Fresh off a week at the C-scape, the Cisco analyst event that takes place alongside their user conference Cisco Live! in Orlando, I thought I would attempt to summarize my takeaways regarding Cisco and SDN. To be honest there was not a lot new, but at the same time I feel I have a better understanding of the pieces of the puzzle while others for me remain a bit disjointed. Cisco ONE is Cisco’s response to SDN and network programmability. This is a uniquely Cisco view of SDN and how it should be approached.
There are three components within the Cisco ONE portfolio: onePK APIs, ONE Controller, and Network Overlays. The onePK is provided by Cisco and designed to interface deeply and directly with Cisco’s networking hardware and operating systems. The other two components are intended to interface with other third party touch points. The ONE Controller is designed to provide interoperability between Cisco gear and OpenFlow agents. The final piece will provide interoperability between Cisco gear and various gateways, cloudstacks, and hypervisors. Bits and pieces are available now with the remainder scheduled for release over the next 12 months. To date the only platform shipping with support for onePK is the ISR G2. The ONE controller has not been released yet and to the best of my understanding is supposed to be part of the OpenDayLight project. Within the Network Overlay piece, the CSR 1000V, Nexus 1000V are available now along with Service Chaining (vPath) and the OpenStack plugin.
So in a nutshell, Cisco is providing their version of network programmability through a series of APIs, controllers, and plugins. It’s clear that Cisco does not completely buy into the notion of “separating the control and data plane” which to many translates to moving networking functionality onto less expensive commodity hardware platforms. Rather, they are offering up a framework to address the desire for a more programmable networking layer while protecting intelligence within the delivery plane. While this might not represent the SDN vision of some, it does allow shops that have heavily invested in Cisco to leverage that investment and build cloud infrastructures that are more tightly integrated with the networking layer. And while I might normally think this is a great deal of smoke and mirrors, we actually had some compelling conversations with real live Cisco customers playing with these APIs in the field, solving real business problems. Mind you, if you have no interest in DevOps, then you have little business digging into any API-based SDN approach, regardless of who is promoting it. So while this approach is not for everyone and certainly not without a DevOps team on hand, it does and is enabling Cisco customers to take advantage of OpenFlow and reuse existing resources in new ways to solve infrastructure challenges while reducing their OPEX.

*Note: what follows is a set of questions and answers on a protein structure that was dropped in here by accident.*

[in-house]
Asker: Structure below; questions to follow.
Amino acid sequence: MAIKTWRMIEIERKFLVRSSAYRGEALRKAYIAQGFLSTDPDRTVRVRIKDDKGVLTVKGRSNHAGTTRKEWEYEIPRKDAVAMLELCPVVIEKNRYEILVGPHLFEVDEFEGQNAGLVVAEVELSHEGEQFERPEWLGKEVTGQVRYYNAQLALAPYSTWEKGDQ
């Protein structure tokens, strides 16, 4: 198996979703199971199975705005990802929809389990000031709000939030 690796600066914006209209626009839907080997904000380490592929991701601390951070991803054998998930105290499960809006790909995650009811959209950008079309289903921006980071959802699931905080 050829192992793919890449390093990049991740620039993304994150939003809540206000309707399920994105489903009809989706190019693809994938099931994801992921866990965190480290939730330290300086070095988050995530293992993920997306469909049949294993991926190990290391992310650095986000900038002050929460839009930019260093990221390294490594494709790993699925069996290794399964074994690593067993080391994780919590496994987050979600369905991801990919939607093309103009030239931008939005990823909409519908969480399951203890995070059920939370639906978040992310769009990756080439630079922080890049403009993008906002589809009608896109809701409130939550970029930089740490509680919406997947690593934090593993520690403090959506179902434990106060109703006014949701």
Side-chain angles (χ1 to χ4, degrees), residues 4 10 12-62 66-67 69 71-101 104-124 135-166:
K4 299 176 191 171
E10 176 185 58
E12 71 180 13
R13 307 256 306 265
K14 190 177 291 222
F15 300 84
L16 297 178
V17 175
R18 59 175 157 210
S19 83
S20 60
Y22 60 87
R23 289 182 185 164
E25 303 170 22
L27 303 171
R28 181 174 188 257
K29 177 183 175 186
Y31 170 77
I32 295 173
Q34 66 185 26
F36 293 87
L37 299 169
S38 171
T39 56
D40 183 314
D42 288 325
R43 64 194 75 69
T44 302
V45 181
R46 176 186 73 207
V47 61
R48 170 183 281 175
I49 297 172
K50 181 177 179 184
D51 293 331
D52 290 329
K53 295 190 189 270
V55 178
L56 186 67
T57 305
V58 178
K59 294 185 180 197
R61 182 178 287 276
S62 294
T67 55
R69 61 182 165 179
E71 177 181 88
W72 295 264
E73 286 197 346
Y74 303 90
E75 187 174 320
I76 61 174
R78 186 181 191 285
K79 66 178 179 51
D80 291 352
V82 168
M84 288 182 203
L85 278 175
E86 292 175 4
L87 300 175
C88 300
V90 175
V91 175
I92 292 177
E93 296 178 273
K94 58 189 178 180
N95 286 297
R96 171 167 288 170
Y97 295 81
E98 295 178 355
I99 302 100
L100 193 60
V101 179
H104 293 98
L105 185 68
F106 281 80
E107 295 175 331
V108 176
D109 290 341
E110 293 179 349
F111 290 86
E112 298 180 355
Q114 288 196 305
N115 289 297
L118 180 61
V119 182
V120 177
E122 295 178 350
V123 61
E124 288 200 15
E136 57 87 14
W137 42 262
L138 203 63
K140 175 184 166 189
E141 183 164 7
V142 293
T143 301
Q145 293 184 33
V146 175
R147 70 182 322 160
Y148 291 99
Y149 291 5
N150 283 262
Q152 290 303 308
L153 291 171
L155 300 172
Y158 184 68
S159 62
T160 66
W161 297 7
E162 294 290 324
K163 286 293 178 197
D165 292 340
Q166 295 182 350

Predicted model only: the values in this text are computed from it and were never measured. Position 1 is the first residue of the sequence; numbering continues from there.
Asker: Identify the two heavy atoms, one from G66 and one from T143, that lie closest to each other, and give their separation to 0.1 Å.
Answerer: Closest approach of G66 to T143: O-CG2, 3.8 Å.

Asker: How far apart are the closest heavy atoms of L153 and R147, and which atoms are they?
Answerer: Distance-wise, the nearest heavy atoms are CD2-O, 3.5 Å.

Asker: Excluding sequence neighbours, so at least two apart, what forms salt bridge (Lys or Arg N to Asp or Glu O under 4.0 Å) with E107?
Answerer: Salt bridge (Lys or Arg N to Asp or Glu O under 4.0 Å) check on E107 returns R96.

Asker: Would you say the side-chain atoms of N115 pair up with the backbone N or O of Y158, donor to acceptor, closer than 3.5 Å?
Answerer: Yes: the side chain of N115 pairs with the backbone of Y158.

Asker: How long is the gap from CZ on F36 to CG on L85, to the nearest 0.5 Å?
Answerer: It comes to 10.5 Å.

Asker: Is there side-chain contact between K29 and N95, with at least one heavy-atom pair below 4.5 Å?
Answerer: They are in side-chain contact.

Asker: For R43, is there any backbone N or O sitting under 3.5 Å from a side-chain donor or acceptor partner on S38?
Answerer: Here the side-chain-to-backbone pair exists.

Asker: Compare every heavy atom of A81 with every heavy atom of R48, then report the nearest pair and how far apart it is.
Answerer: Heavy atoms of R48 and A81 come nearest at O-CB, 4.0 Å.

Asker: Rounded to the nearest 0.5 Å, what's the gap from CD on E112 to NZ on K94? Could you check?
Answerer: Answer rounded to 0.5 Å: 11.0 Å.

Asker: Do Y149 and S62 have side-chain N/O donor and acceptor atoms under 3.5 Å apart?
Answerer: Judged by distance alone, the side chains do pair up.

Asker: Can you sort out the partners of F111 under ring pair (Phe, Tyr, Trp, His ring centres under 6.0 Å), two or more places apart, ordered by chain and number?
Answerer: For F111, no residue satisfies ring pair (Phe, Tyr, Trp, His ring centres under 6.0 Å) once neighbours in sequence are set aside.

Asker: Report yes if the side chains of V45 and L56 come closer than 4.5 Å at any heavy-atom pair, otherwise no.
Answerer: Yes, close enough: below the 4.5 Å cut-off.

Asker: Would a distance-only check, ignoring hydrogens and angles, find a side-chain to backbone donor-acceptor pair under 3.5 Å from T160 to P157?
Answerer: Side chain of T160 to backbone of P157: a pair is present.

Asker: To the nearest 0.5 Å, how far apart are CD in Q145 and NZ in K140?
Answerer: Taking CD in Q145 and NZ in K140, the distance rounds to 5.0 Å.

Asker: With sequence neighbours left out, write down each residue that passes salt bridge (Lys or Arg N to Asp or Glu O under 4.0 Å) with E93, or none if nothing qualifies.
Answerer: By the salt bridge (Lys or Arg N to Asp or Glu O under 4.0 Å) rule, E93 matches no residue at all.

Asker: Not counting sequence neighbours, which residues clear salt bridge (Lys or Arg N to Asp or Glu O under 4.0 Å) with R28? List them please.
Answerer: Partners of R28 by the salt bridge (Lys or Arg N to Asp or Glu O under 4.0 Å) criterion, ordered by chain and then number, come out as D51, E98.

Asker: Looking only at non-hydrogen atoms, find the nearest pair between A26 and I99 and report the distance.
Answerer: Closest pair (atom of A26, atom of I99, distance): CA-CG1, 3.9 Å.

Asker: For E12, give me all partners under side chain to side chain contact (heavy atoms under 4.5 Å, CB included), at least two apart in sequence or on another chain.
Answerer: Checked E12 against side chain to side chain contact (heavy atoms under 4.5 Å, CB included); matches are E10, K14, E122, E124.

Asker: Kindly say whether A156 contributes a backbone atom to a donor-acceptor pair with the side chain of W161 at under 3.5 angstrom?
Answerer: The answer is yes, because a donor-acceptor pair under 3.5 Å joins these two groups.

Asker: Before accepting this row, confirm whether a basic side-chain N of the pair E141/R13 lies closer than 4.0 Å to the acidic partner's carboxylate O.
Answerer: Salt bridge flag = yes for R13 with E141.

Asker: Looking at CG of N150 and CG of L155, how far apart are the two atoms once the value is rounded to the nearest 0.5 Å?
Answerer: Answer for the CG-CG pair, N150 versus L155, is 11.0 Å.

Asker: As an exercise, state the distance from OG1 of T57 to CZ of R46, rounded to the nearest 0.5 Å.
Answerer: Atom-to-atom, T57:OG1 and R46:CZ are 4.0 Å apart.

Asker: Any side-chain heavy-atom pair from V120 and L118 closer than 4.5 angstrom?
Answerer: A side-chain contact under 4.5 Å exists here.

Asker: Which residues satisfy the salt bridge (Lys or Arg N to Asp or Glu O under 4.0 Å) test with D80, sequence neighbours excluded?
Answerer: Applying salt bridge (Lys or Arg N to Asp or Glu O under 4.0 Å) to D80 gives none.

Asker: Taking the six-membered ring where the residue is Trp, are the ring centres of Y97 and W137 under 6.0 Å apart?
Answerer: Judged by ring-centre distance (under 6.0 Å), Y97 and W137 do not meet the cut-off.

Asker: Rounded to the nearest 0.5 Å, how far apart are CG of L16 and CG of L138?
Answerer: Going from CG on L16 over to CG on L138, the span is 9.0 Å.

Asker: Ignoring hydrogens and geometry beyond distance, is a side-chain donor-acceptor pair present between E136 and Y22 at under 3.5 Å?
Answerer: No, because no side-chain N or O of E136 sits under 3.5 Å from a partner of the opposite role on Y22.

Cisco has no intention of ceding its investment in networking equipment. As a matter of fact, Cisco has every intention of moving the focus away from the topic of network virtualization and has squarely set its sights on datacenter orchestration and control. Cisco will not let VMware dictate how the network will be run and orchestrated. While you might want to dismiss Cisco out of hand, because they “don’t do software,” it is never a good idea to underestimate the power of sheer determination, of which Cisco has no shortage, combined with a dominant market position. We have watched Cisco turn its position from nothing to market leader in the past despite the odds being well stacked against them. While I cringe at their use of taglines like #GameChanger and “Internet of Everything” I don’t doubt their sincerity at giving VMware a good run for their money.
SDN has rapidly become an overhyped term and one that everyone is looking to turn to their particular advantage. In doing so, the term itself becomes meaningless. If you step back and look at the various efforts afoot, the root of the movement is in the fact that the network has become the long pole in the tent. The network lacks the flexibility and ability to rapidly respond to change that the datacenter has enjoyed since it has embraced sever virtualization, and now that the server tier is virtualized and flexible, the network becomes the boat anchor.
There are currently two primary paths to alleviating the network “problem.” One is via overlay networks. The overlay approach is datacenter-driven and still relies on the existing underlying network infrastructure. The problem with overlay networks is that no one has clearly defined how they will avoid creating choke points in the existing network and how these networks will be managed and who is going to troubleshoot them. The second approach uses a combination of controllers and APIs. This is the route Cisco has chosen. The controllers in most cases are acting as middleware and the APIs provide the programmability. This means you need some application coding/development expertise to get it all working together. None of this stuff is out of the box, plug and play ready for the average enterprise. However, for those more progressive IT shops with lots of in house expertise (including a squad of seasoned developers) these API-based approaches open up new ways to leverage existing infrastructure. The rest of the enterprise community will wait until product developers tie together the pieces and leverage the APIs to build/productize/support orchestration middleware that can fully take advantage of these new flexible network architectures.